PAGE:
ISBN 978-0-9571213-7-9. Paperback. 366pp. Publication date: January 2014. Equus Press: London.
Frightening, hilarious, insane…
Shortlisted for the 2014 Guardian Not-the-Booker Prize
From the author of BREAKFAST AT MIDNIGHT “a perfect modern noir” (Richard Marshall, 3AM)
What do a crashed satellite, a string of bizarre murders and a time-warp conspiracy have in common? Welcome to CAIRO, where the future’s just a game and you’re already dead.
Set between New York, London, Prague, Cairo and the Australian desert, CAIRO has been described as “a vivid, dizzying and ultimately exhilarating exploration of the global nightmare… forceful and convincing and fist-pumpingly hilarious” (Thor Garcia, author of The News Clown).
“A genre defying anti-novel… Like communism it is the movement of vast majorities unfettered by a state!” Stewart Home, author of Blood Rites of the Bourgeoisie
“Hard to find this kind of fusion-lit combining highbrow sci-fi with semi-noir mystery; nearly impossible to find it done well. Hell yeah it’s a romp, but it’s a serious, time-shifting, corpse-bumping romp as Joblard the anti-hero lurches through a grungy kaleidoscope of a world.” Vincent Farnsworth, author of Theremin
“The book follows a disparate collection of narrators. Lawson is an Aboriginal geophysicist in central Australia, tracking meteorite debris to sell to collectors. Osborne, a lost soul in New York City, is recovering from a mental breakdown with the help of the mysterious Dr Suliman. Joblard is a former heavyweight boxer turned low-level thug, working for a pornographer with a fascination for the weird. Shinwah is an assassin from the future, tasked with hunting down anachronisms – future technology – in our present. The fifth protagonist begins the novel nameless and confused, waking in a Cairo that doesn’t yet exist, led by instinct through its decaying ruins to an uncertain destination. An apparent accident, the destruction of a previously unknown satellite, brings each of these characters into conflict with shadowy forces.” Sky Kirkham, Australian Book Review
“A timely reminder of what fiction can do when it chases ideas, Cairo will reward those looking for a way to escape the enclosure of realism, cutting a hole in the fence so readers can wriggle out into the more interesting and dangerous terrain of the unknown.”Jennifer Mills, Sydney Review of Books
“Beware the savage jaw. The future is here now, and it’s gonna eat you up and shit you out like a half-digested Wozzie Burger. Louis Armand as the Swiftian prophet of the Virtual Age? CAIRO is the best psychogeographic sci-fi detective novel I’ve read. An original take on the genetically engineered, pornographic surveillance state that we are living in right now (in case you hadn’t noticed). Dark, frightening, hilarious and utterly gripping.” Phil Shoenfelt, author of Junkie Love
“CAIRO is downright playful… filling us in on not only the tangible space, but also its sonic properties, its perfume, truly creating in three dimensions the underbelly of the underbelly.” Benjamin Woodard, Numéro Cinq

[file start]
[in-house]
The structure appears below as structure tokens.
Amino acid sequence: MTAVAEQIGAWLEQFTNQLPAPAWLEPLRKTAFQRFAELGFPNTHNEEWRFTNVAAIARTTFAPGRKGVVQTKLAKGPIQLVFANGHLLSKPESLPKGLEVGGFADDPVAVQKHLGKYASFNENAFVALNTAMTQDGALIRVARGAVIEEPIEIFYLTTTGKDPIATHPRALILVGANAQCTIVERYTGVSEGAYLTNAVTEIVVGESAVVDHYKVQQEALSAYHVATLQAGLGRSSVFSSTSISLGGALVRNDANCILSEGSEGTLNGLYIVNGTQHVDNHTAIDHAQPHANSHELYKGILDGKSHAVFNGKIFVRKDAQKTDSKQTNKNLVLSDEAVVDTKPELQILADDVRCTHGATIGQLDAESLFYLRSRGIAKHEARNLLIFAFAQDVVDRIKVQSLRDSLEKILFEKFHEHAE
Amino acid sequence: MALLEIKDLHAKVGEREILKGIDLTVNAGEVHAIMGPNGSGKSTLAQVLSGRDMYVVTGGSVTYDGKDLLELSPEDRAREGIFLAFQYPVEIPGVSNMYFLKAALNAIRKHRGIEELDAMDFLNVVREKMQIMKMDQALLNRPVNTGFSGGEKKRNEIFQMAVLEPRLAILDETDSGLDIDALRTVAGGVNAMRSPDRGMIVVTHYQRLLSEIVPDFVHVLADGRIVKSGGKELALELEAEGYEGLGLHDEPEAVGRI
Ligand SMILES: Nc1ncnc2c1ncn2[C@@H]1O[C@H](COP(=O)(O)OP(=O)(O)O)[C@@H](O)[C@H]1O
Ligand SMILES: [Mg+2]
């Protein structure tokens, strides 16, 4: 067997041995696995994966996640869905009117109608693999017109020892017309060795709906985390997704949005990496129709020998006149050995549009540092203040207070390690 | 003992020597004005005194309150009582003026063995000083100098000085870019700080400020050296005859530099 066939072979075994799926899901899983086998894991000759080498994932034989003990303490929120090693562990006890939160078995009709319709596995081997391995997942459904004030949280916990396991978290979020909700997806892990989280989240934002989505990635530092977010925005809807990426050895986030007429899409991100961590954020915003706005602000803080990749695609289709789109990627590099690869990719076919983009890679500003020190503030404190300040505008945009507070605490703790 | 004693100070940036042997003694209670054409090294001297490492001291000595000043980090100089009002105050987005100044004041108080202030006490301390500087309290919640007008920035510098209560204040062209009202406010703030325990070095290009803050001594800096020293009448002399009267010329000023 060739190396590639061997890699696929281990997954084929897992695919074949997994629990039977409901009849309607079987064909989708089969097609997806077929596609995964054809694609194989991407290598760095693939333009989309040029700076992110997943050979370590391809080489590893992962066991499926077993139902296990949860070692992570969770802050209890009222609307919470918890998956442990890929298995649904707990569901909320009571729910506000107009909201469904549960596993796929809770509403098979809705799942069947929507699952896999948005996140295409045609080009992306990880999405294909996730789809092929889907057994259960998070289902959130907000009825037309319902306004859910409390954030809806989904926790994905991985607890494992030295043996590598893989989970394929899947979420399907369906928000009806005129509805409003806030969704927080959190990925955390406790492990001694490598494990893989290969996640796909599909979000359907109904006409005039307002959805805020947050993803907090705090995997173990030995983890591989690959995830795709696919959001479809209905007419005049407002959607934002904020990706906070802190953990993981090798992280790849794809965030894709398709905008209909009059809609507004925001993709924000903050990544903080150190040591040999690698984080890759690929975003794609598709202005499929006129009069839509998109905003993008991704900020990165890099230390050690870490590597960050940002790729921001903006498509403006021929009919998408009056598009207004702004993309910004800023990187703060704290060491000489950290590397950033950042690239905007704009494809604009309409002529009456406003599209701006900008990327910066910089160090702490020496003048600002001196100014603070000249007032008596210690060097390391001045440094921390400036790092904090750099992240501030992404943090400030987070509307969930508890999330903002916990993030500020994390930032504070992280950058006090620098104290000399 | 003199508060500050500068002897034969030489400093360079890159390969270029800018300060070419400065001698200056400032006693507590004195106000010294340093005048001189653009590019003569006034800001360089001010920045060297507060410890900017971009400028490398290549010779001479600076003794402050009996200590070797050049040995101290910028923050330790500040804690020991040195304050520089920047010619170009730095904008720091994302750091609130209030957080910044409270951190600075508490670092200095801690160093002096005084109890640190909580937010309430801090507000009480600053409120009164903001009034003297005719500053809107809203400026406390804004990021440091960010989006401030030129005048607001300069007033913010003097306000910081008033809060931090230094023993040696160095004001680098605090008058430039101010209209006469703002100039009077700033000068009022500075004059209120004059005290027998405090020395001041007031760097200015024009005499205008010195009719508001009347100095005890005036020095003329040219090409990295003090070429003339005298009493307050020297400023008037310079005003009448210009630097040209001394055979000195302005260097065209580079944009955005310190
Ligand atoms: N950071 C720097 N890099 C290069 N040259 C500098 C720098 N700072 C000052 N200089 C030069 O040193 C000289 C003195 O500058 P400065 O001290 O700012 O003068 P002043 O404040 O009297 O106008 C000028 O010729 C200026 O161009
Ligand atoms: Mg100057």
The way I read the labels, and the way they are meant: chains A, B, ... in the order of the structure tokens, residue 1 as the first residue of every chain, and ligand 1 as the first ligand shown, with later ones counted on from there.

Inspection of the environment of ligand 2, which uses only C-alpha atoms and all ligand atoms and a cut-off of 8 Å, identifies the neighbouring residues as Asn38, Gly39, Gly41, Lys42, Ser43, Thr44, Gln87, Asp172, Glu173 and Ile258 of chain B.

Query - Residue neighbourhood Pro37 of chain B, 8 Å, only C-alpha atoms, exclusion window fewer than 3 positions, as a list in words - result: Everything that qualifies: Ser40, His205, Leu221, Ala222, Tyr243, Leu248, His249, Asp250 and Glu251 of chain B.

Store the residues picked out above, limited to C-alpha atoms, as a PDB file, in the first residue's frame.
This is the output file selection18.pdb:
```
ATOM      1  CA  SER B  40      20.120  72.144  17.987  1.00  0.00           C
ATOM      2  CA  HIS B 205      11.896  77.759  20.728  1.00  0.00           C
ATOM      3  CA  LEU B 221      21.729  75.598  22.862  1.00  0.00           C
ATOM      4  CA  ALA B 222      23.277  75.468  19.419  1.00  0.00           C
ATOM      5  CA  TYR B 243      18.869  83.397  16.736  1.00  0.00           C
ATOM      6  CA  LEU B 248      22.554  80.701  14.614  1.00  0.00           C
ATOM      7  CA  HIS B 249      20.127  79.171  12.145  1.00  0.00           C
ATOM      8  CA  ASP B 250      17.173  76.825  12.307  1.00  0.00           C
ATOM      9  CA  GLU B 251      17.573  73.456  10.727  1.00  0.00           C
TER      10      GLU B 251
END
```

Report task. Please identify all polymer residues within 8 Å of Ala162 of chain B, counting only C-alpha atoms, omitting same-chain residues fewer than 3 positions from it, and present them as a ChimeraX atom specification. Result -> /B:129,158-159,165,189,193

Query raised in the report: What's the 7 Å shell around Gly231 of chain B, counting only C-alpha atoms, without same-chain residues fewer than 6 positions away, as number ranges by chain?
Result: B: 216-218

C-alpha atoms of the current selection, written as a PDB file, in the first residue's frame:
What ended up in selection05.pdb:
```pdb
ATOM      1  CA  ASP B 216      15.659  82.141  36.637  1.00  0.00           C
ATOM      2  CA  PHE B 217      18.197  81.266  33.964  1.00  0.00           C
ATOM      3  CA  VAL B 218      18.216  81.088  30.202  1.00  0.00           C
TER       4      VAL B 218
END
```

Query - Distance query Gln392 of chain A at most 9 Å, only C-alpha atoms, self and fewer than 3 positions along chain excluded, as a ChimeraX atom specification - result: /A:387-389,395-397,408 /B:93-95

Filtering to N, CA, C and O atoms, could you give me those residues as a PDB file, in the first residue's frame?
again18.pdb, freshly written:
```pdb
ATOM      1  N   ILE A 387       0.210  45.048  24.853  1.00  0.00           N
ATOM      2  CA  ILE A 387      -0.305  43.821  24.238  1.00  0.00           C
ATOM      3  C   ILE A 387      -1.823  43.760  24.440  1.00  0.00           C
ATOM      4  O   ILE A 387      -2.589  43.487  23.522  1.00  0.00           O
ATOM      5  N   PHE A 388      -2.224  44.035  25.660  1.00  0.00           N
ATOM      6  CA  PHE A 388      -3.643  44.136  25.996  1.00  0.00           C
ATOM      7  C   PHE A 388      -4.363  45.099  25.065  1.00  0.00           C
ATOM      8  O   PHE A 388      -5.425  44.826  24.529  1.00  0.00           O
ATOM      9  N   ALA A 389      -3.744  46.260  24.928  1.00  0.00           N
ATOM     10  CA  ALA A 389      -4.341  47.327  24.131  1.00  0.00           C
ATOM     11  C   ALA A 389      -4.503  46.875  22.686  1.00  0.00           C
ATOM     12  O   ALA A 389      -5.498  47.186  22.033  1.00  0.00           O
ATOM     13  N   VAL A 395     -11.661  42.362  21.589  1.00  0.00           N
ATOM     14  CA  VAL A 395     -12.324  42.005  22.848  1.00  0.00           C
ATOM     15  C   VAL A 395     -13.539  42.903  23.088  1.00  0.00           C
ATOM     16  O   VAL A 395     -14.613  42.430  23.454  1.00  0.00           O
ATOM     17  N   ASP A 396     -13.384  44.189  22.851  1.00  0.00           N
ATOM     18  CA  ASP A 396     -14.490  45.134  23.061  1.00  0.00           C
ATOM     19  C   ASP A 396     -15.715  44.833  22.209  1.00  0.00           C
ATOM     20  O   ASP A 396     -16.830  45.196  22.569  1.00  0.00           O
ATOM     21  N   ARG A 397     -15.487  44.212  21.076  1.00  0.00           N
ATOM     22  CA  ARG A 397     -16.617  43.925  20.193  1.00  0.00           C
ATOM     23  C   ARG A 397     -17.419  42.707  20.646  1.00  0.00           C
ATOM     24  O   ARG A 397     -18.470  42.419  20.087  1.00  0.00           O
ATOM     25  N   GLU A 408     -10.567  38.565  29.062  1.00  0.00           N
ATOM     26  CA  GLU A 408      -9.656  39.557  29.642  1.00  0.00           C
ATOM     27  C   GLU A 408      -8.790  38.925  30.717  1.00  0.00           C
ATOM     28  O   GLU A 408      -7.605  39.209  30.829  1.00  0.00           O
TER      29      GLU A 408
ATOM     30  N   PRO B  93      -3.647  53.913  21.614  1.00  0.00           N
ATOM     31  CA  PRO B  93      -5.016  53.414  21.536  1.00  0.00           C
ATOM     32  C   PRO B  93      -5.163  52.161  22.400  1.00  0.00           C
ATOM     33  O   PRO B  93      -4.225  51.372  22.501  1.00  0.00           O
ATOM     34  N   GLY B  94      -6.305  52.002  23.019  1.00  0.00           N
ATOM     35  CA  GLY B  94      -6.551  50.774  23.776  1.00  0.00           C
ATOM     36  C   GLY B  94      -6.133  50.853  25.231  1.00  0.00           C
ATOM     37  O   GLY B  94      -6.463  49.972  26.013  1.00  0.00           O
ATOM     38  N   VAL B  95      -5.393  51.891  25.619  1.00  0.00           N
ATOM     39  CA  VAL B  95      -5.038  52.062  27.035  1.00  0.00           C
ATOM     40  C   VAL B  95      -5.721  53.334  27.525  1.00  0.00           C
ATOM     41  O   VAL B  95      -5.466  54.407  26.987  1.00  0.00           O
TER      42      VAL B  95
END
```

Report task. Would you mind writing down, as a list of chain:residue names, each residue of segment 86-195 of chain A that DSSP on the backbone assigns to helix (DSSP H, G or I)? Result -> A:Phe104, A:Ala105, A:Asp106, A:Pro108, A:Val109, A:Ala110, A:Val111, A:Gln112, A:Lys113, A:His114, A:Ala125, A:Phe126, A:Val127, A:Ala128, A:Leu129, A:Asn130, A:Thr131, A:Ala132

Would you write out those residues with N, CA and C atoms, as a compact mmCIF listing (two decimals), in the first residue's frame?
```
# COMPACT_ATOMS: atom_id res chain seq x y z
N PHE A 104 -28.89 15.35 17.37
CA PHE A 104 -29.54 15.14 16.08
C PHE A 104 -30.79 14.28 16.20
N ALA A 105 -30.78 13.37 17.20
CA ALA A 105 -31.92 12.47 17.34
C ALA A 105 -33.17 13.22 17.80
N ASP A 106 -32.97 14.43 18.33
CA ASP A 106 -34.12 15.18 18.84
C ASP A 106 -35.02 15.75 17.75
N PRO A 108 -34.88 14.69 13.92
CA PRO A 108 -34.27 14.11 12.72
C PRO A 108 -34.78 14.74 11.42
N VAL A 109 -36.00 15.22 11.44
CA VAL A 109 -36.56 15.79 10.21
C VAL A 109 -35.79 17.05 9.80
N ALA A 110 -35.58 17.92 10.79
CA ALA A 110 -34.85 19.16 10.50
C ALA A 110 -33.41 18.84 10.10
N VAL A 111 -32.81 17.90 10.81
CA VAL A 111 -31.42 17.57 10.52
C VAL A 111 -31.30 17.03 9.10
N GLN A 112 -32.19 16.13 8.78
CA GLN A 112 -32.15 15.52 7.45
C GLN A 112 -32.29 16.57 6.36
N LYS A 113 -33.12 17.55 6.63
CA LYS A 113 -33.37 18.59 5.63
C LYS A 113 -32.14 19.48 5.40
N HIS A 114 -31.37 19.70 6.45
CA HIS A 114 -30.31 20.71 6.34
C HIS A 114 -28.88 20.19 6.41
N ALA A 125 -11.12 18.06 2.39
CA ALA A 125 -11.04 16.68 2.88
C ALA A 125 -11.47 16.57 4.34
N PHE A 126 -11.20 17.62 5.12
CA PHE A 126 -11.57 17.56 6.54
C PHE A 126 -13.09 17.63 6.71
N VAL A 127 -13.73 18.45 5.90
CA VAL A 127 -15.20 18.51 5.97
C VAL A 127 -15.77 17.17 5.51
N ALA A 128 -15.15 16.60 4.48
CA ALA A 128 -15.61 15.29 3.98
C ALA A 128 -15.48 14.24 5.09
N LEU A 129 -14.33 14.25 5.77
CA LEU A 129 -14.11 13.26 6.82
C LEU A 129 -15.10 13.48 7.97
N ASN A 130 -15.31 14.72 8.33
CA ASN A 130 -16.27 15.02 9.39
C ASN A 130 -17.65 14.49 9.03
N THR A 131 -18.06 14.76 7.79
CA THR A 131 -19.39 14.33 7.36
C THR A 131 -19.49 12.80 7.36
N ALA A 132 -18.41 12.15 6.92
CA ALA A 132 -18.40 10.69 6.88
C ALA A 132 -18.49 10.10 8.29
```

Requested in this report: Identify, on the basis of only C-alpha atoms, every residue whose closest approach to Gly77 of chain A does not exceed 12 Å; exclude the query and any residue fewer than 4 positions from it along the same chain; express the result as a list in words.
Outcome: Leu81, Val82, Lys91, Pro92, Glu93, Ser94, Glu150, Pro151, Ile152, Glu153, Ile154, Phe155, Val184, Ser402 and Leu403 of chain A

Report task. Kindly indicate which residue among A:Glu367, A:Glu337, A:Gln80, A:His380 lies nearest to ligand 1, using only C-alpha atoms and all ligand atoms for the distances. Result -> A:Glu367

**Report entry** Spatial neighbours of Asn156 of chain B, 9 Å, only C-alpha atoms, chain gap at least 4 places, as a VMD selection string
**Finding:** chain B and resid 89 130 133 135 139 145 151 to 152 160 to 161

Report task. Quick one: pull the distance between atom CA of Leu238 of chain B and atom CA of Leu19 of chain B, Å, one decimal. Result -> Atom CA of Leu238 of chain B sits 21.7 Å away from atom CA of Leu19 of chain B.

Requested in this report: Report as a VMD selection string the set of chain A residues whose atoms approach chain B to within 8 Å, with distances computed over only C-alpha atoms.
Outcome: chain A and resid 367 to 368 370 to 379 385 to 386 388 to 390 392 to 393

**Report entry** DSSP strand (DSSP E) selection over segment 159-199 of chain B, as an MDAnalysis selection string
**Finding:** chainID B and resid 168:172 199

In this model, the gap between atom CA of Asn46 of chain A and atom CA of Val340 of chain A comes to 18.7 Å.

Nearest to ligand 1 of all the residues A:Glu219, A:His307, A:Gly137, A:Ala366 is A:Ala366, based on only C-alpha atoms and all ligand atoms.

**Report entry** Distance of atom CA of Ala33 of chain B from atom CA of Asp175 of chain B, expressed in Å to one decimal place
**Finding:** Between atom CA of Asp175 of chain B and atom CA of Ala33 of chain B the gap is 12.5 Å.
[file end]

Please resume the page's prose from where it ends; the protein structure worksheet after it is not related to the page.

“Armand’s prodigious gifts as a storyteller, wordsmith, imagineer and general fiend are copiously and carnivorously on display in this wonderful, horrifying book. CAIRO is a vivid, dizzying and ultimately exhilarating exploration of the global nightmare and our big ideas about mental illness and democracy. Raw and ruthless, yet richly detailed and human, Armand takes a circular saw to the dusty corpse of western narcissism and the dread afflictions that torment and beguile the contemporary psyche. Peopled with a staggering array of the doomed, depraved and flat-out zorched, everybody’s on the last gasp and time’s running short. It’s forceful and convincing – and fist-pumpingly hilarious. Armand is a formidable, first-class writer.” Thor Garcia, author of The News Clown
“Much has been written about Louis Armand’s affinities with noir fiction and cinema. His eloquence dealing with the sordid reminds one of Raymond Chandler, and in CAIRO his cinematic cuts from short chapter to short chapter containing seemingly-unrelated plots remind one of the best of film spy thrillers. But imagine the hallucinatory opening of The Mystery of Edwin Drood punctuating a whole book; imagine the fog and smoke darkening the beginning of Bleak House, the dust penetrating Our Mutual Friend darkening our whole planet. Imagine an author as familiar with the landscapes of New York, Northern Africa, London, Prague, the Australian outback as Dickens was with London, The Thames, and Rochester. Imagine the latter’s 19th-century grime become radioactive, dusting our globe. Then imagine a frustrating and destructive conspiracy like Dickens’ Chancery insinuating itself everywhere, but armed and dangerously aware of all current technologies, and characters’ lives caught up in this conspiracy they understand no better than Chancery’s victims understood their tormentor. All this comes to you, no at you, in a complex style that blends staccato phrases, short sentences, deadpan observation of amazing phenomena with apt quotations from philosophy, and with an instructive but never bothersome range of technical information. A gripping, lively, intelligent novel both rooted in tradition and absolutely current. And hip: why give up style when all the lights might go out?” Lou Rowan, author of Alphabet of Love
“A grim and hilarious reckoning with the future and how we got there. Jonathon Swift on a crack binge channeling James Ellroy on a transnational time-warping blitz through the contemporary hallucination and these strangest of end days. Compulsive reading, relentless, unlike anything you have read but uncomfortably close to the life you’ve been living in some fractured corner of the moment.” Michael Brennan, author of Unanimous Night
“A dark, challenging, dystopian novel that is addictive to read. It warps the boundaries of genre, time, identity and place. It’s like being sucked into a video game where you have to figure out the rules on the go. You hit the ground running and hold on till the end with this novel. I’ve not read anything quite like it before.” Michele Seminara, author of Everything Strange & Sacred